Red Flags when choosing Reclaimed Wood or Pallets for DIY/Craft Projects

Although the use of pallet wood is becoming extremely hot property lately, it also comes with some controversy. Before diving into the wonderful world of working with pallet wood, please educate yourself on the dangers involved.

Here are some tips and safety information you should be armed with before carrying pallet wood home for your own DIY projects.

When using pallets in craft and do it yourself projects, you may want to watch out for these possible contaminants related to the different types of wood used to make pallets.

Consider what it carried, while that’s no guarantee that the wood is safe, it’s far safer knowing it wasn’t carrying food products, food by-products, oil drums, chemicals, pesticides and the like.

Avoid: Pesticide carriers (green houses, etc) Contaminants (gas, grease, etc)

Pressure Treated and Fumigated Wood: Some pallet manufacturers use pressure treatment, which are chemicals forced into the wood, like formaldehyde, these are used to prevent decay and pest infestation. However, you may not want to use this chemically-treated wood inside your house, for this same reason. Also, fumigated woos is treated with pesticides, which also isn’t something you want in your house from a health standpoint.

But don’t give up on your pallet projects just yet! There are plenty of pallets and sources of reclaimed wood that are not made of pressure treated or fumigated woods. If you aren’t sure how to identify pressure-treated wood, one way to identify the pallets you may want to avoid using in home decor and furniture projects, is to look for the IPPC logo found on almost all pallets. Near this logo, if you find:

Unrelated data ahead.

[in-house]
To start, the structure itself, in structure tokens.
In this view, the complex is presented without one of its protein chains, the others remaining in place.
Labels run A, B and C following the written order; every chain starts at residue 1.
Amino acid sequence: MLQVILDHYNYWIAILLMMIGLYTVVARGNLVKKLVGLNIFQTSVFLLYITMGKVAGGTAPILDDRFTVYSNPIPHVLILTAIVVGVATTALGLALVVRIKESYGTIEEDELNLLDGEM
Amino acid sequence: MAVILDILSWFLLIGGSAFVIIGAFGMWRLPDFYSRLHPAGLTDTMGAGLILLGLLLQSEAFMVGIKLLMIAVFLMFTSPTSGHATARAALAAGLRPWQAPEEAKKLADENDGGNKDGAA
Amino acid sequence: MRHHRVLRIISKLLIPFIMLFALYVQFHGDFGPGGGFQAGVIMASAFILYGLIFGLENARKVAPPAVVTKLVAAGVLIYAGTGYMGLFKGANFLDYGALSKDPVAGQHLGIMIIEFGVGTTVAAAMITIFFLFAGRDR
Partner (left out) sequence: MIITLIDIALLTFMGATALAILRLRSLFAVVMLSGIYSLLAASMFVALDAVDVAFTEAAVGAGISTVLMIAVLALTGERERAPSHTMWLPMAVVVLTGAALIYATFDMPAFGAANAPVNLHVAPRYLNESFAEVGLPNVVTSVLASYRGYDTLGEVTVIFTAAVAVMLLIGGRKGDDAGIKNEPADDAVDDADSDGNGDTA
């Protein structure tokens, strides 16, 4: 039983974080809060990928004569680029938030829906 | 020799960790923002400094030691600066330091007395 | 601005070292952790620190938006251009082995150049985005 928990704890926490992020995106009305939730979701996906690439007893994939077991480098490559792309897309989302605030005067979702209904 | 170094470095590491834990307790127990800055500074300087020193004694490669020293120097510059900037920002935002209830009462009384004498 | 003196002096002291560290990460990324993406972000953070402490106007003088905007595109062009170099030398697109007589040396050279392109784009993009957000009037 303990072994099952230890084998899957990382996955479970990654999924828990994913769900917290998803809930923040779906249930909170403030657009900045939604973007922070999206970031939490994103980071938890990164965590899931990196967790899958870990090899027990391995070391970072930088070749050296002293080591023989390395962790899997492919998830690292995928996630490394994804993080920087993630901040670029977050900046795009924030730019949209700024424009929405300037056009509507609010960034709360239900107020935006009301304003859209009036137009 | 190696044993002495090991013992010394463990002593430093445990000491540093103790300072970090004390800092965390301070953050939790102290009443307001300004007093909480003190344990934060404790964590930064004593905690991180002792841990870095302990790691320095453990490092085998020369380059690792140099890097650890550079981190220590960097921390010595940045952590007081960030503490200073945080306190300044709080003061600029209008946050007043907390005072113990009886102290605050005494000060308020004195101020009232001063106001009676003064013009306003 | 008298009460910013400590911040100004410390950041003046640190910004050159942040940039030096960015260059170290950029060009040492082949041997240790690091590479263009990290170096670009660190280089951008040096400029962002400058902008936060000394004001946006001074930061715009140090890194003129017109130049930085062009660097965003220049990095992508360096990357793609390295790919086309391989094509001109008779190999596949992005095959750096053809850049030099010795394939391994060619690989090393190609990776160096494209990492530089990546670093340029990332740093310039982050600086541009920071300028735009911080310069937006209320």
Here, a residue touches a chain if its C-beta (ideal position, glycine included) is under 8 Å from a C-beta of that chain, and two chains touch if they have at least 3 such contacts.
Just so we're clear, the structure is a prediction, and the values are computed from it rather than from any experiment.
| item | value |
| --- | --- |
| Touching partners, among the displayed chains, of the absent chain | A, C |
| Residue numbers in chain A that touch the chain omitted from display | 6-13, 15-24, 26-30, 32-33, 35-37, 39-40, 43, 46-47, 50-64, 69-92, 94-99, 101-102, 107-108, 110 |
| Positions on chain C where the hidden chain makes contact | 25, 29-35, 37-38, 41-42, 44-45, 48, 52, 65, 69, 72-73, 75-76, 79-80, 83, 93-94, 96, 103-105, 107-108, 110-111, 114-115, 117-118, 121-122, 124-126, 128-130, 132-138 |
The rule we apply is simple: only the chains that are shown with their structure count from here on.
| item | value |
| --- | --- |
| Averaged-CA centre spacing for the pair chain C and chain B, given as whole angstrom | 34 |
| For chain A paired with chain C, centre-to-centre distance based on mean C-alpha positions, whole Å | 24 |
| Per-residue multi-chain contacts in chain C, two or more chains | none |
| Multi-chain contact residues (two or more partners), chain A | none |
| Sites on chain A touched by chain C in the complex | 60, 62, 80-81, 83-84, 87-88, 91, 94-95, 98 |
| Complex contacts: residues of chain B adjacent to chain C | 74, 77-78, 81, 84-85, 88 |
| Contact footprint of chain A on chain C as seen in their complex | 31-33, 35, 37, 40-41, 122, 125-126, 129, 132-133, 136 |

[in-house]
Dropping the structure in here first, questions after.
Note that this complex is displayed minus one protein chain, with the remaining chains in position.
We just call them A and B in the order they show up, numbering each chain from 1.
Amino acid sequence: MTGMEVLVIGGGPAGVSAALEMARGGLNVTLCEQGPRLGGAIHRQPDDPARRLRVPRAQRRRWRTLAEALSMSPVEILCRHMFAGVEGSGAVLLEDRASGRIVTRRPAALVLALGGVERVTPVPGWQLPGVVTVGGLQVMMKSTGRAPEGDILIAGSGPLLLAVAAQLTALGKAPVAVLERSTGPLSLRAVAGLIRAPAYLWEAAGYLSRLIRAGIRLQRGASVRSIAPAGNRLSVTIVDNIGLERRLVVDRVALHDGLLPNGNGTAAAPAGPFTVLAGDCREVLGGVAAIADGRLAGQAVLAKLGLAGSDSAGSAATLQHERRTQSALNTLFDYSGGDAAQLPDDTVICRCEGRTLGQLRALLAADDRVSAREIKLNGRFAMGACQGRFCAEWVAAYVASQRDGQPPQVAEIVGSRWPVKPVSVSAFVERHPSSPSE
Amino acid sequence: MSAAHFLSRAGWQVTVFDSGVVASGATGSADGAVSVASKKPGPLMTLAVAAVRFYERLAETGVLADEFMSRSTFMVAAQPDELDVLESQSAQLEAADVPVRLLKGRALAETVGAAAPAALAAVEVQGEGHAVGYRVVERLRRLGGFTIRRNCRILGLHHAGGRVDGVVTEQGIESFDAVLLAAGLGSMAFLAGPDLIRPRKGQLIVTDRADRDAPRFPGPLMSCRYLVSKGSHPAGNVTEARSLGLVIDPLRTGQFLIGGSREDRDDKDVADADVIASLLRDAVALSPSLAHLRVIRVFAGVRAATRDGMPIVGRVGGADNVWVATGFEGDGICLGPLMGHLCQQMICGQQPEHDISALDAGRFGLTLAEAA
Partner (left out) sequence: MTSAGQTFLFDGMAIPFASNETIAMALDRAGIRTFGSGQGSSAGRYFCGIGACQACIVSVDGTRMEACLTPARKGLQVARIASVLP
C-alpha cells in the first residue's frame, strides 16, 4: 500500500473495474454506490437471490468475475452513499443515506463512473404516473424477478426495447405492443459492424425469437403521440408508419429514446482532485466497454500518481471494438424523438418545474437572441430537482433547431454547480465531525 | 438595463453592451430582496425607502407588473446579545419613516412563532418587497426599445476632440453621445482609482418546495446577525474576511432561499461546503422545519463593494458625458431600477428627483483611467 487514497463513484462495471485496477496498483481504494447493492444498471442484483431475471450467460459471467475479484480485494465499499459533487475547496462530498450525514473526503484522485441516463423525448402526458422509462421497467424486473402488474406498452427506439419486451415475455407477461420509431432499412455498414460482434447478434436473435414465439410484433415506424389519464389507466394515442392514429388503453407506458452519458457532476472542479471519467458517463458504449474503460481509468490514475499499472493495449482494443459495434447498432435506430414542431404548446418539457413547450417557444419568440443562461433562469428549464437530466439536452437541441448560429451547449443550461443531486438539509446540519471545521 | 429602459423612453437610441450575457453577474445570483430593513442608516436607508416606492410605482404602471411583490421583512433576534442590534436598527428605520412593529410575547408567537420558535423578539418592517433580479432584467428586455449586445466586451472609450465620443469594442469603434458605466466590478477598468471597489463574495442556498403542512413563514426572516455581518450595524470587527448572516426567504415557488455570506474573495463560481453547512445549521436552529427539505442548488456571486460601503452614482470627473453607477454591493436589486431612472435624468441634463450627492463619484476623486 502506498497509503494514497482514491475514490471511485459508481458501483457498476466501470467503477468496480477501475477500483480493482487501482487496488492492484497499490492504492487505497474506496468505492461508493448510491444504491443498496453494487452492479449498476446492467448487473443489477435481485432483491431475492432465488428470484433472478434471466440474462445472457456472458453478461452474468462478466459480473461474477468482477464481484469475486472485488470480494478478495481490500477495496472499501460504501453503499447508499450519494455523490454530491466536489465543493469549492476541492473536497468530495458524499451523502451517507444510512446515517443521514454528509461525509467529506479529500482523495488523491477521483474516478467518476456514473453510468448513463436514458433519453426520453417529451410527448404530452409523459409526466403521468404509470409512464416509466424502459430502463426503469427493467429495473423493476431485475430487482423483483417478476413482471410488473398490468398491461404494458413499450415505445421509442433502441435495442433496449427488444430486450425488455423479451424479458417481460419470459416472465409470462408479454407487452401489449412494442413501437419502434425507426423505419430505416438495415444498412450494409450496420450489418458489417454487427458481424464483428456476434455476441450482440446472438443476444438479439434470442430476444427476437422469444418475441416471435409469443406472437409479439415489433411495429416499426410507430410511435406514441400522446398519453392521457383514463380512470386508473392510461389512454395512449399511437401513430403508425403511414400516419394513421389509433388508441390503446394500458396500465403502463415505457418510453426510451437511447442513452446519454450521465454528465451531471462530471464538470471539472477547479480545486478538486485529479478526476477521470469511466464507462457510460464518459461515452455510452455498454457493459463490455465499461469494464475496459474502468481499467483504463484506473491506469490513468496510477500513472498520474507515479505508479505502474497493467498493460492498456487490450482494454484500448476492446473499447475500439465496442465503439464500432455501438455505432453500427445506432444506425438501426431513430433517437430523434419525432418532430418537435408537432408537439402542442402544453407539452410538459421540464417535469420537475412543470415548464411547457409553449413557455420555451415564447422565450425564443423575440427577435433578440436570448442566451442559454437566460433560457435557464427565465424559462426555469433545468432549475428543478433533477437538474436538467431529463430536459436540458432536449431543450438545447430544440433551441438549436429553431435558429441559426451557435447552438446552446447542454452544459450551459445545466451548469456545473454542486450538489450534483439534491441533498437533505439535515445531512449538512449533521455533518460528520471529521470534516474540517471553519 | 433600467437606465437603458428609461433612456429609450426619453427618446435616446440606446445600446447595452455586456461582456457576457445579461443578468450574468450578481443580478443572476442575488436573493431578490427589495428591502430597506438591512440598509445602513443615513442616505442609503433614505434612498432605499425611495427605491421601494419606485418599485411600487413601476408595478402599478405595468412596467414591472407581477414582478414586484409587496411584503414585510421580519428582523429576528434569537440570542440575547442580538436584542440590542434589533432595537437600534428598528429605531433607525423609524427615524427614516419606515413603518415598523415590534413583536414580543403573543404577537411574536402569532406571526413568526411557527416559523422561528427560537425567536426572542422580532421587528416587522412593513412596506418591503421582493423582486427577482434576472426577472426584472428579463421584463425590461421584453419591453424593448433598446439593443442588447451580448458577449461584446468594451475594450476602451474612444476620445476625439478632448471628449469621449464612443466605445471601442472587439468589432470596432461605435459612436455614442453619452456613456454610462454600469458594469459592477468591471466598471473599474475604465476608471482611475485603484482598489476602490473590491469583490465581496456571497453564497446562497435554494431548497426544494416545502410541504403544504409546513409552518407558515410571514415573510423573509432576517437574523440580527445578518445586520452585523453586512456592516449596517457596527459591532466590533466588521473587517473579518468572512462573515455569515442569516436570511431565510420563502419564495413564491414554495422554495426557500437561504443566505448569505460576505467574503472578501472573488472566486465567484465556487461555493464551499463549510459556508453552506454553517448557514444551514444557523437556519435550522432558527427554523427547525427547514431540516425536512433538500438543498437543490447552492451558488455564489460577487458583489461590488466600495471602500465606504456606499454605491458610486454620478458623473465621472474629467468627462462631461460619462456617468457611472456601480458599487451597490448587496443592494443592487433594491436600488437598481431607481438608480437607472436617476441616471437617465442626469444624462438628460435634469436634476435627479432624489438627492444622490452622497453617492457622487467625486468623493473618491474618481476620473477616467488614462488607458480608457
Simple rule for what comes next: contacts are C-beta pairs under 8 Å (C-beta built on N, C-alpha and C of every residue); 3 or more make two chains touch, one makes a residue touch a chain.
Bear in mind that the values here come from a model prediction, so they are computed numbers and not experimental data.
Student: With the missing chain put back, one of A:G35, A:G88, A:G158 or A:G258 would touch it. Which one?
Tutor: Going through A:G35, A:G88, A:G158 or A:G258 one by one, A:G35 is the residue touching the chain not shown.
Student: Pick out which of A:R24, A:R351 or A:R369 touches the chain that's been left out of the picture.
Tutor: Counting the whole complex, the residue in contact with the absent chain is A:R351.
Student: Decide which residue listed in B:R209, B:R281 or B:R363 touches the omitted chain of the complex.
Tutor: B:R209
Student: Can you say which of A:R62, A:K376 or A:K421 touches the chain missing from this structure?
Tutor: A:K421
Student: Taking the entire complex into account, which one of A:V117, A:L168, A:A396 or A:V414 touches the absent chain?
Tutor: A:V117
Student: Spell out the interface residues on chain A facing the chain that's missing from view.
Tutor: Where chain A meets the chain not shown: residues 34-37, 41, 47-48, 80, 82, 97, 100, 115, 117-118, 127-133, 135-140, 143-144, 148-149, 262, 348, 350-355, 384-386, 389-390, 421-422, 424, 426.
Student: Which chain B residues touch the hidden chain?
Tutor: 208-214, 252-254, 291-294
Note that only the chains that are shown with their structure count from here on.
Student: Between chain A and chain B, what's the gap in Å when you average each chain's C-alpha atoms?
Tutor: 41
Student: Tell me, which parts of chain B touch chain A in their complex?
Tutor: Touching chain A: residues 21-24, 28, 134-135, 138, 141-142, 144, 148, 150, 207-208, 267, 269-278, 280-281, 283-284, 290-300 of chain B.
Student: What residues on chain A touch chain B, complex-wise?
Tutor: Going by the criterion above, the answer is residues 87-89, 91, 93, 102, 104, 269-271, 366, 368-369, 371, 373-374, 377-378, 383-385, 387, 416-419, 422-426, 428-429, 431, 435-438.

HT – This means the pallet was possibly heat treated with harmful chemicals.

MB – This indicates that the pallet was fumigated with a toxic pesticide, methyl bromide. You may see this mark on some older pallets, as this process is currently not used by most pallet manufacturers.

If you’ve missed recent news reports, shipping pallets have been implicated in a couple of recent cases of bacterial and chemical contamination. Testing confirmed that pallets have issues, and the National Consumers League wants rules enacted

Contamination: You also may want to consider the source of the pallets (however companies tend to reuse pallets, so this may be hard to determine at times) and what type of contamination your pallets may have been exposed to. Things such as water, mold, vermin, insects, chemicals, and even bacteria such as E. coli and Listeria have been found in pallets.

If you are unsure, you can always do a through cleaning of the wood and pain a couple coats of clear coat or oil based paint to seal in any possible contaminants.

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